Las Vegas’ reputation as an up-and-coming technology hub is more secure than ever.
Collision, a first-time tech conference that ended Wednesday, drew 1,500 techies and investors from around the world.
Speakers included professional skater Tony Hawk, WordPress founder Matt Mullenweg and executives from well-known brands such as Facebook, Google Ventures, PayPal, Belkin, Evernote and Uber.
“If you look at the attendees and speakers, it’s all who’s who in tech,” said Zappos CEO Tony Hsieh, whose Downtown Project helped coordinate the two-day event at the former Western Hotel on Fremont Street.
“Most of the people who came, it was their first experience downtown,” Hsieh said. “It put Vegas on the map.”
The event was organized by Dublin-based The Summit, Europe’s largest tech conference of more than 10,000 attendees from 98 countries.
The group also organizes F.ounders, an invitation-only gathering of 150 top tech founders and thinkers. Past invitees include Elon Musk of Tesla and SpaceX, Drew Houston of Dropbox, Jack Dorsey of Twitter, as well as the founders of Skype, Netflix, YouTube, Flipboard and AOL.
“The speakers are the next wave of great companies,” Paddy Cosgrave, CEO of The Summit, said of Collision’s lineup.
The event was intentionally small this year, arranged in a mere six months. But The Summit team plans to scale it up in coming years, expanding its footprint to other downtown venues.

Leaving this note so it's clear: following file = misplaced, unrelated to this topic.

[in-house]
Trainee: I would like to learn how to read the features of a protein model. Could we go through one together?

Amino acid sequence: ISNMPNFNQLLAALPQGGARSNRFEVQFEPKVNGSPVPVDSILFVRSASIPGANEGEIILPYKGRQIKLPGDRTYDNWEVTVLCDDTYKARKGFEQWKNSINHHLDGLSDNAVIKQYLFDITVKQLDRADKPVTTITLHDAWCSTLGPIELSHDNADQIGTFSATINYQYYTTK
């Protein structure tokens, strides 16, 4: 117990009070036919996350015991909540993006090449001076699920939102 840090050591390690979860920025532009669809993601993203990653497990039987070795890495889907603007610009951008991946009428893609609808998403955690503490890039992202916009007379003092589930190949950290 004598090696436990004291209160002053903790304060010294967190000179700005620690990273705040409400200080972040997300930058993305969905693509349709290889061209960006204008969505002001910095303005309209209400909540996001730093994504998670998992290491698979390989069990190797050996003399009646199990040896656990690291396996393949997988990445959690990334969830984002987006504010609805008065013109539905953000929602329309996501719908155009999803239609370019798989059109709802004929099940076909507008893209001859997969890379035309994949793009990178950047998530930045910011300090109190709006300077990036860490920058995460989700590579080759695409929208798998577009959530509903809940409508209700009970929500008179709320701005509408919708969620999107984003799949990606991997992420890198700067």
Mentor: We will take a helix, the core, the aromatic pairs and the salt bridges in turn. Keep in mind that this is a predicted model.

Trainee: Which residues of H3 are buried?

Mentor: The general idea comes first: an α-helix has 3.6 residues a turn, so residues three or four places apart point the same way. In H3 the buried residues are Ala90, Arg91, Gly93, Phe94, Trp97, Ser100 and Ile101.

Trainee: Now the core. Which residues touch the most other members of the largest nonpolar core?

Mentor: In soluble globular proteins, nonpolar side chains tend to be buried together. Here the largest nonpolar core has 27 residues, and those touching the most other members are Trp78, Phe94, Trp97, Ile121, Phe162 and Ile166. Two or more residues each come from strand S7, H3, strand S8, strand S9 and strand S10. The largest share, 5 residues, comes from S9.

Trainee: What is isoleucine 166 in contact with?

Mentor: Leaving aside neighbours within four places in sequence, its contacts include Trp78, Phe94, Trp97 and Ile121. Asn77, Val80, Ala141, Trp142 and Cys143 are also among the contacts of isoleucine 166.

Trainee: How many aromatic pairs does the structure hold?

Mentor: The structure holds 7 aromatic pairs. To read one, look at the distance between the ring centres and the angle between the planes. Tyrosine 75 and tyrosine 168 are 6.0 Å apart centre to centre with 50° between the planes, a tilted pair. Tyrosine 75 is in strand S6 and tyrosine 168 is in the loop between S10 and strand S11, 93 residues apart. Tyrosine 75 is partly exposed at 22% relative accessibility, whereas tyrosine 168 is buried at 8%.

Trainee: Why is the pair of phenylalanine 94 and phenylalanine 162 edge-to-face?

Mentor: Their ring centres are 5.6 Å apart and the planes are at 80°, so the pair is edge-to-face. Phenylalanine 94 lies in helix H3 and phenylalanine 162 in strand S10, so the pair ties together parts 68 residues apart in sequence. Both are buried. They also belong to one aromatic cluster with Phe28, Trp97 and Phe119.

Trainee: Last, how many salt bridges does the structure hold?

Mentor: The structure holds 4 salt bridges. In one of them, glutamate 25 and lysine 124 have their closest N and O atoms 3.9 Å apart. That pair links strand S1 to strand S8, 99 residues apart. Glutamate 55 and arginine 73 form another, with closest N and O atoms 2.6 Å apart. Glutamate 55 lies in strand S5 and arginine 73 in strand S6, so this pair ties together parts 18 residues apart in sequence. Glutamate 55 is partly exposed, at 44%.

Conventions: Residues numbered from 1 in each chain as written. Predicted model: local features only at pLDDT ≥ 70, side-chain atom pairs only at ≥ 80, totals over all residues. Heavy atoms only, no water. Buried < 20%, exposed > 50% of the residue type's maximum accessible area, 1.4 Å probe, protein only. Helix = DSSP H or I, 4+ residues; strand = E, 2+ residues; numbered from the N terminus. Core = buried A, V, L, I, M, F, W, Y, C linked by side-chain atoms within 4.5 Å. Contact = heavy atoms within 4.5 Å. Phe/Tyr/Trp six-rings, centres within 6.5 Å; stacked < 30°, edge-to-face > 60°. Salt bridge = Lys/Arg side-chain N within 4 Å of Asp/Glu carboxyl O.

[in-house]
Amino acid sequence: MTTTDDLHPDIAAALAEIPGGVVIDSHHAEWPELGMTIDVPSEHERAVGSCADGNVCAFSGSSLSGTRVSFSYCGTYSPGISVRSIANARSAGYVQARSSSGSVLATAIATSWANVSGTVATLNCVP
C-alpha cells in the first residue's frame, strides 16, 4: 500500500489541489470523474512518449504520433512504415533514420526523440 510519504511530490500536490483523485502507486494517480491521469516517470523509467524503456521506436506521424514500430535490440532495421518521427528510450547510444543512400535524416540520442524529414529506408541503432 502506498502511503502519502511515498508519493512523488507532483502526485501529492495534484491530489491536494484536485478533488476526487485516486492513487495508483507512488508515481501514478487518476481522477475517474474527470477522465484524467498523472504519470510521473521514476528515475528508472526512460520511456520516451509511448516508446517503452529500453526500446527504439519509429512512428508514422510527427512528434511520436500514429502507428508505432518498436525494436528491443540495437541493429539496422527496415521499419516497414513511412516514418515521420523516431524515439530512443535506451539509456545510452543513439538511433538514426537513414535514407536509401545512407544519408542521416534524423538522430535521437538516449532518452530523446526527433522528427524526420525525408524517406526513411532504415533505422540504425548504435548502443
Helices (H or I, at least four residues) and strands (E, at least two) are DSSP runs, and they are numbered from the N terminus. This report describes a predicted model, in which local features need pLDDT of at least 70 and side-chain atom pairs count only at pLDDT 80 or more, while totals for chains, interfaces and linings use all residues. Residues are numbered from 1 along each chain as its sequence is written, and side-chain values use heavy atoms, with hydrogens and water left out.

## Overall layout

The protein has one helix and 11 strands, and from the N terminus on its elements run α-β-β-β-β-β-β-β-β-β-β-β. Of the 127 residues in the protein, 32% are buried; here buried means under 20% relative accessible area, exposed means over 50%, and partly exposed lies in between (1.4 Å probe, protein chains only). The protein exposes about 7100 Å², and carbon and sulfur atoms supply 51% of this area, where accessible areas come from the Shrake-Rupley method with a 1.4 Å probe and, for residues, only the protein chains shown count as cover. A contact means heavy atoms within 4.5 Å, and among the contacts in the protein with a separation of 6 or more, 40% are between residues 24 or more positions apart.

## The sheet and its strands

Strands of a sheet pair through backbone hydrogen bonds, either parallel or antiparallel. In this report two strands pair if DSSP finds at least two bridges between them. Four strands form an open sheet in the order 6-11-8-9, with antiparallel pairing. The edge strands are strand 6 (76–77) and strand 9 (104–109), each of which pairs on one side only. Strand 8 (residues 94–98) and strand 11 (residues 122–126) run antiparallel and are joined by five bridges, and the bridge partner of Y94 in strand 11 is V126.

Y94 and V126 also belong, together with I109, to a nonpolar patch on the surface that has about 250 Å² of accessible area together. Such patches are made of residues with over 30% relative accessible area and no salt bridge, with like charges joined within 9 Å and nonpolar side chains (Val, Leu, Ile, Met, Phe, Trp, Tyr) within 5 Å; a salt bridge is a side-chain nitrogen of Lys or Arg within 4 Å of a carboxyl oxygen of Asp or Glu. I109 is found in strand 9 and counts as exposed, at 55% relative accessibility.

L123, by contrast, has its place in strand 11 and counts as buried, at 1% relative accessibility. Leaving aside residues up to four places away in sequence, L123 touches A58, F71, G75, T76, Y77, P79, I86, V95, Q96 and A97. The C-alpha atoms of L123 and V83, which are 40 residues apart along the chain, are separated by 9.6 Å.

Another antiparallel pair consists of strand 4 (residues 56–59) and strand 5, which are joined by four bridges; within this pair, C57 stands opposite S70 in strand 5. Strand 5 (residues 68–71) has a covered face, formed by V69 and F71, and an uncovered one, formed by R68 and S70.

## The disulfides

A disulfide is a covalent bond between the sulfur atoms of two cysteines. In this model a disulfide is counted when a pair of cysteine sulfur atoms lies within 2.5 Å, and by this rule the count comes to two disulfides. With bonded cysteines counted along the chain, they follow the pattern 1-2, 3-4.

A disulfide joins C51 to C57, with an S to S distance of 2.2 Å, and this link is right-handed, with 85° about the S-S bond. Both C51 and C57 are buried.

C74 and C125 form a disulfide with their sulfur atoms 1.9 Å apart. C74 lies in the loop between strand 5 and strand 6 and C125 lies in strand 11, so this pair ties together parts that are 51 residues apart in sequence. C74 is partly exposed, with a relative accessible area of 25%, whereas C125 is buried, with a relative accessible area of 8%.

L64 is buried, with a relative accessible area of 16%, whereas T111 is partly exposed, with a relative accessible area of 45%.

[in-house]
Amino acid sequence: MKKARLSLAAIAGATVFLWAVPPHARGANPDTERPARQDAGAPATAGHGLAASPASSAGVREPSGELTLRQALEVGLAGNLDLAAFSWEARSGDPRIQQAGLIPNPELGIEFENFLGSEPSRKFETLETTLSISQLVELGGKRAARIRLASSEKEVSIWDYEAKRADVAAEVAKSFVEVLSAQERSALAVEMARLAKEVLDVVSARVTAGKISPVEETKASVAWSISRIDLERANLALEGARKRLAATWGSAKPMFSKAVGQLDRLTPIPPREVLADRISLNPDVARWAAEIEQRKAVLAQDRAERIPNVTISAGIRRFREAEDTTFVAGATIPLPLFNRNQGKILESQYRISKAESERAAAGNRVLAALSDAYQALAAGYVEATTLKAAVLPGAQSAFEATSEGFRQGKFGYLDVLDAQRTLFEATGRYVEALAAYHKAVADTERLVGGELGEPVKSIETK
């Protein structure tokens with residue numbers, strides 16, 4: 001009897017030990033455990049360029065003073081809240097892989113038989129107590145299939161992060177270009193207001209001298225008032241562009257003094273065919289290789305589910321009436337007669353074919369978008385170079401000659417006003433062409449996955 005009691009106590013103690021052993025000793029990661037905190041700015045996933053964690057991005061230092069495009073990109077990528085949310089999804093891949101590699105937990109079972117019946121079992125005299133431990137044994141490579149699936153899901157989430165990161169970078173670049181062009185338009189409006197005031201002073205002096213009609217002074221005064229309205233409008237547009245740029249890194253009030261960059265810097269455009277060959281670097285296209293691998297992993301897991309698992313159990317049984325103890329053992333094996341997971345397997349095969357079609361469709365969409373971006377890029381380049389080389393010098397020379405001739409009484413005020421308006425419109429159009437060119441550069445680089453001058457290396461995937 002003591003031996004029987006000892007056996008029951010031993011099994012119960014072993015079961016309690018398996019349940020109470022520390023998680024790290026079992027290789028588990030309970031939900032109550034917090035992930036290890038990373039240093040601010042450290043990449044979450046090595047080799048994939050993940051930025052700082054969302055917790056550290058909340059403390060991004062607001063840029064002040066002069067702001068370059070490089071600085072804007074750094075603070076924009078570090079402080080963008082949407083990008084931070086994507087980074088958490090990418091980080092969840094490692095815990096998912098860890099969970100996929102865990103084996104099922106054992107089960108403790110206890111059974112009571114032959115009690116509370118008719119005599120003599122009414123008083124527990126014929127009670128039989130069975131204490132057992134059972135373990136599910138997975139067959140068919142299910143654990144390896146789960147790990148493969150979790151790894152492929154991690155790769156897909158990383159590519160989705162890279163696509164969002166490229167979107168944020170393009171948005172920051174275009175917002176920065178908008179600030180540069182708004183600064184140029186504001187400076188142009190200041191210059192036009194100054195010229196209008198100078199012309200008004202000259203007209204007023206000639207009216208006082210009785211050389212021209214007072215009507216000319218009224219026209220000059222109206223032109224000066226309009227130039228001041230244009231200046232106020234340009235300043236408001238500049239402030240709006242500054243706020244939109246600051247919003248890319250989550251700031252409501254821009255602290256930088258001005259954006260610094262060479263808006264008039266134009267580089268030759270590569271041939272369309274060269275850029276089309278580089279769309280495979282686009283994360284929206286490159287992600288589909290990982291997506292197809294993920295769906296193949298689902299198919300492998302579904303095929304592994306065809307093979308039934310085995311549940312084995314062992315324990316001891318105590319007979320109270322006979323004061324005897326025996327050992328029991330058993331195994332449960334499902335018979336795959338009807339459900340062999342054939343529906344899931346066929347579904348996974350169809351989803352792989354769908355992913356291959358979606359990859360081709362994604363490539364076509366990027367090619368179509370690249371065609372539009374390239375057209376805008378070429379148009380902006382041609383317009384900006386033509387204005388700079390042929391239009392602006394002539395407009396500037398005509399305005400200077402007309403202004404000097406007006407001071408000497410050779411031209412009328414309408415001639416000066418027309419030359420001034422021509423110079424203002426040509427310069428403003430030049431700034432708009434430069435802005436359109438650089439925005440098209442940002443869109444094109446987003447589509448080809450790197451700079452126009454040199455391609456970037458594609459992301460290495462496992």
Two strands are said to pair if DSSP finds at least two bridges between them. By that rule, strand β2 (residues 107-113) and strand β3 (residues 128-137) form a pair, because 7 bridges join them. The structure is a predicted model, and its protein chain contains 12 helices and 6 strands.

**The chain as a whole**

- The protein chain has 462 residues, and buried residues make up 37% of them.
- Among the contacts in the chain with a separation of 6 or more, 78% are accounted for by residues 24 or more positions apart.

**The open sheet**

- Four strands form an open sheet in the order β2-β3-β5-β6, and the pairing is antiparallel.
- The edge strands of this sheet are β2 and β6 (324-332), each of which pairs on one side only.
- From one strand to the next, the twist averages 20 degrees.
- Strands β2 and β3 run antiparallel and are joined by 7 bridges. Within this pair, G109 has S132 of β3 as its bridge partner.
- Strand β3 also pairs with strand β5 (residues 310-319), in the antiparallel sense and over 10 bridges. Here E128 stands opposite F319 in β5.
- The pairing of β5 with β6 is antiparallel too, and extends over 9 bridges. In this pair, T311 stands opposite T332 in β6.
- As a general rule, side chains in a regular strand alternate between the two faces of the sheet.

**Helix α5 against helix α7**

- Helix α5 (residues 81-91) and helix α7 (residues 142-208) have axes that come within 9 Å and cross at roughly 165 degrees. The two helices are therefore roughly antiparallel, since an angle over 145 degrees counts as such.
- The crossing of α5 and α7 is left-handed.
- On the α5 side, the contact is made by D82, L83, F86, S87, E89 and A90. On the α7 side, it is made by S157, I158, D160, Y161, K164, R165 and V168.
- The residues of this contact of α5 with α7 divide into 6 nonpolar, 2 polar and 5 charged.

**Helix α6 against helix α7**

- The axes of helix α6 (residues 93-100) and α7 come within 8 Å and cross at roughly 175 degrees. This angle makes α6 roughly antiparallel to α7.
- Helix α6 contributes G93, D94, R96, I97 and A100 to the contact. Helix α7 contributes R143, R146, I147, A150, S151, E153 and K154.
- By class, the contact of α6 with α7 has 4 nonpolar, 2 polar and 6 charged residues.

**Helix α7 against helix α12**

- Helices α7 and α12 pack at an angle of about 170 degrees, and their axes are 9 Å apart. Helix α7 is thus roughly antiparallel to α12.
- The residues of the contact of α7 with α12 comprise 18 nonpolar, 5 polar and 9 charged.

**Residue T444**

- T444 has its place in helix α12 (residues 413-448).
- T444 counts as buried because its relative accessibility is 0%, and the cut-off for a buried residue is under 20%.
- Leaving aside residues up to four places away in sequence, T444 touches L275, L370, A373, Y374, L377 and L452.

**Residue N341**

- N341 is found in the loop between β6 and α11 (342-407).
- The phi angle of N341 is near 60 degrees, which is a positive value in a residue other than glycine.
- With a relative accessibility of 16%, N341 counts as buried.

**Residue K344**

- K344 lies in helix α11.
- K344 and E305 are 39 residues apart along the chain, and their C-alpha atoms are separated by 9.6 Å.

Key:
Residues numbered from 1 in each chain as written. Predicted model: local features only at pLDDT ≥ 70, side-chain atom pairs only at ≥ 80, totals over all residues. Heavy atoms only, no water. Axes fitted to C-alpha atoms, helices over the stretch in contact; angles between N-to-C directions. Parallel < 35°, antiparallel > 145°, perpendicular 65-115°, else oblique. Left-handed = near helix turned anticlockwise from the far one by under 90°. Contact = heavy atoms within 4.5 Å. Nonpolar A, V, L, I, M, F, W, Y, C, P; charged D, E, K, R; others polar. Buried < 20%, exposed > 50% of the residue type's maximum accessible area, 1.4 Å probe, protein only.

The Western was rehabbed and renovated specifically for Collision, and satellite events were held at various venues to encourage people to explore.
“They’re really focused on exposing the attendees to locals,” Hsieh said.
Alice Virtual Receptionist, Rolltech bowling analytics and JobHive job search website were among 150 startups, narrowed from a pool of thousands, chosen to exhibit.
Mike Yoder, co-creator of Alice Virtual Receptionist, said the event was notable for bringing big names that might be seen at International CES to downtown. Some startups inquired about opening offices here.
Christophe Daligault, chief marketing officer at Open Garden in San Francisco, said he was skeptical of Las Vegas as a tech locale at first, but can now see the appeal.
“Coming here, you can walk around. You can walk to the downtown area, you can walk to Container Park, you can walk here or there,” said Daligault, who last visited Las Vegas in 1992. “It’s very fun. If we were on the Strip, we’d have to take a cab.”
Cosgrave related Las Vegas to Dublin and said a similar trajectory was possible.
Dublin was once crippled by economic crisis but is now home to a number of European tech headquarters.
“You can do all the advertising in the world, but until people see it, it won’t matter” Cosgrave said. “I think Las Vegas is pretty magical.”
Contact reporter Kristy Totten at firstname.lastname@example.org or 702-477-3809. Find her on Twitter: @kristy_tea.